I am walking down the dock in South Harbor in Petersburg, Alaska. Crusty snow crunches underfoot and the sun is angling in from just above the horizon. It is midday, midwinter, and wisps of sea smoke indicate that the air is colder than the water. I am following a sweet murmuring sound; three soft, ascending notes sung by dozens of voices tumbling upon each other. Near the end of the float I see flocks of long tailed ducks, and they are making the musical sounds.
They paddle in and out of the long shadows cast by the boats. One duck dives and the rest follow with a watery 'swoosh' sound. A few minutes later they pop up together, closer now.
These beautiful seabirds are winter and spring visitors.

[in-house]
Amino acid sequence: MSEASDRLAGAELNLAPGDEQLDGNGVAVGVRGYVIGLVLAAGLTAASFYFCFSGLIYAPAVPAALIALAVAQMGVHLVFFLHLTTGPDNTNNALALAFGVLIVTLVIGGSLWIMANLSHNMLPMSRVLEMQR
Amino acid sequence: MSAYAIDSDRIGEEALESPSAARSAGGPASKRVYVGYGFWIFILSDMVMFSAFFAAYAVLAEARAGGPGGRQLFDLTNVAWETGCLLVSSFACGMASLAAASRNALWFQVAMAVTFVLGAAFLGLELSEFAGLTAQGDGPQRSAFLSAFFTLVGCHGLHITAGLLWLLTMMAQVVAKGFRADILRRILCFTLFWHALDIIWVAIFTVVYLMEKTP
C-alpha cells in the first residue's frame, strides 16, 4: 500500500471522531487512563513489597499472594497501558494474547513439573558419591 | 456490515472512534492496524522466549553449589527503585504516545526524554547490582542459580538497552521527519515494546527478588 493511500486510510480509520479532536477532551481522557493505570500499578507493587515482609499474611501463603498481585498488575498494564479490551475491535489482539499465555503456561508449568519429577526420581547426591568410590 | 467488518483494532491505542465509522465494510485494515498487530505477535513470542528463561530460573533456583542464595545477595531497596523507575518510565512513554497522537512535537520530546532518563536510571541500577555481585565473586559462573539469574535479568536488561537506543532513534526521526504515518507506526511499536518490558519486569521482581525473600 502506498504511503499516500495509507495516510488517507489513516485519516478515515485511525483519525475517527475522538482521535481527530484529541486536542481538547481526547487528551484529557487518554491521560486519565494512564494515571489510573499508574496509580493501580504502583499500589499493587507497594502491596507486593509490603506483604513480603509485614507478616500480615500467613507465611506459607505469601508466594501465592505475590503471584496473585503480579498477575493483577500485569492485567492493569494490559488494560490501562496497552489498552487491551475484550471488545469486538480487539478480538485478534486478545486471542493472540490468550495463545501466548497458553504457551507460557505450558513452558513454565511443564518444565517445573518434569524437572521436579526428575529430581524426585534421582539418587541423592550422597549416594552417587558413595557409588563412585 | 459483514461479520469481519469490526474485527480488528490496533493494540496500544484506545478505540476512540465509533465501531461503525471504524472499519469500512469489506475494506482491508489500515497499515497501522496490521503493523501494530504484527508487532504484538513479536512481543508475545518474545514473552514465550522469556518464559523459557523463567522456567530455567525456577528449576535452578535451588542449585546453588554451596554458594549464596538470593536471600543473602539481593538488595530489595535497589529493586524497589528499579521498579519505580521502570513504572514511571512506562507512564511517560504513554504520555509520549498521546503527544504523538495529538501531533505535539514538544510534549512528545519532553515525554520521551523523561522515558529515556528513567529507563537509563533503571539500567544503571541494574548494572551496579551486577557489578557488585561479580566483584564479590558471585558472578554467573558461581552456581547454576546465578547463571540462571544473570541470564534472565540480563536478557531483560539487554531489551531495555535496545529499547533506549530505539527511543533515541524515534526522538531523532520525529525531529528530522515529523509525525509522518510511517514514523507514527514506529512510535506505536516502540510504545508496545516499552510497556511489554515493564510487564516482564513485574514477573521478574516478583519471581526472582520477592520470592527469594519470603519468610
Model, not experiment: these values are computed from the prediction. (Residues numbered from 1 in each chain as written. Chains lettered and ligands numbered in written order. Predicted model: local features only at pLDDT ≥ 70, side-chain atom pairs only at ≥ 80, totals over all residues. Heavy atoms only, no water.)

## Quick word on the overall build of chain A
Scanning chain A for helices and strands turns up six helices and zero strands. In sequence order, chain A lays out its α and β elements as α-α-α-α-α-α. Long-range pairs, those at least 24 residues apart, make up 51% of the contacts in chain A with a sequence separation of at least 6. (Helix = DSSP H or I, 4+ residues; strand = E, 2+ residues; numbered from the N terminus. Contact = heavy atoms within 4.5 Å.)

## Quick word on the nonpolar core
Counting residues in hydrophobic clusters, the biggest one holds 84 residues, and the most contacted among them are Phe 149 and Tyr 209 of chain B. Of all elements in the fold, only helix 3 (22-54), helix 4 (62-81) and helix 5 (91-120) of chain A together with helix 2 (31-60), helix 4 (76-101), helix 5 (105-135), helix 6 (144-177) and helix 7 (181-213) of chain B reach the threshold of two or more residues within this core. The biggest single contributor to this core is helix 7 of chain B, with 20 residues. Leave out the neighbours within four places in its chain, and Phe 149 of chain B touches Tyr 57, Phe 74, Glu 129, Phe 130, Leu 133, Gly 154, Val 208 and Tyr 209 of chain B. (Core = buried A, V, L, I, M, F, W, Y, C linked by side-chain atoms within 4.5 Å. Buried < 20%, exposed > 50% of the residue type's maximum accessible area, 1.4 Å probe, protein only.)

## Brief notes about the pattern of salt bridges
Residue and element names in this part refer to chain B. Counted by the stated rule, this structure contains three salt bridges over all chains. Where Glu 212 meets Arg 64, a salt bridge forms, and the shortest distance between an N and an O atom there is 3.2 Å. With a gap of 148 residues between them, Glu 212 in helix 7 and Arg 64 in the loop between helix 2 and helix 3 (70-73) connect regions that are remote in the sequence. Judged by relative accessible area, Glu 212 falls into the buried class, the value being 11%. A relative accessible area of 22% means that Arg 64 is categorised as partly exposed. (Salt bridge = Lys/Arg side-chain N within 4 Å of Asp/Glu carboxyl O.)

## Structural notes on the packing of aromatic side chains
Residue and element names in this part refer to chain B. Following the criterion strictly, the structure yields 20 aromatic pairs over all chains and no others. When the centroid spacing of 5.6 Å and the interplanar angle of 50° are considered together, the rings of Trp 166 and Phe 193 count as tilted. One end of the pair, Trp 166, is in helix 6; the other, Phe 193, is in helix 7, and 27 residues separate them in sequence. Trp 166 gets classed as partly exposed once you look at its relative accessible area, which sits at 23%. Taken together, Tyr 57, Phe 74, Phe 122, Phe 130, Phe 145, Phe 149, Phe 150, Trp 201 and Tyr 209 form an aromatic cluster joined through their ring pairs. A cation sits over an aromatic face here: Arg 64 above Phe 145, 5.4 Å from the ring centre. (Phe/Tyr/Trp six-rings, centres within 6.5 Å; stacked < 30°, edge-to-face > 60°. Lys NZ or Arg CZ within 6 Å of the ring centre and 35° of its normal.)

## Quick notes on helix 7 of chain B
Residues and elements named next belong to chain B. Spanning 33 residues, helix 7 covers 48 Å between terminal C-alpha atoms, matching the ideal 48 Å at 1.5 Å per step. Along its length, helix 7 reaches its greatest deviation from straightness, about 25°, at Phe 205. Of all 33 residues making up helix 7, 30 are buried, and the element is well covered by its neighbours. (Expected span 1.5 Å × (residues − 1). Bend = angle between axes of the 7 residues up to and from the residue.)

There are some other birds nearby, like these surf scoters.
This female common merganser went by and then I didn't see her again. They are usually in flocks, moving steadily along, dipping their heads down into the water to look for food. That long bill of hers is serrated to help her hang onto the fish that she catches.
But my attention keeps going back to the long-tailed ducks. The males are showier than the females, and have two long, expressive tail feathers.
They will head north to their breeding ground in spring or early summer, but for right now, in their striking winter plumage, they are a delightful addition to a Southeast Alaska waterfront.
There are many ducks and other birds that winter here in Southeast Alaska, brightening the short days.
Bye for now!
More on seabirds: Common Mergansers
All kinds of animals here: Alaskan Critters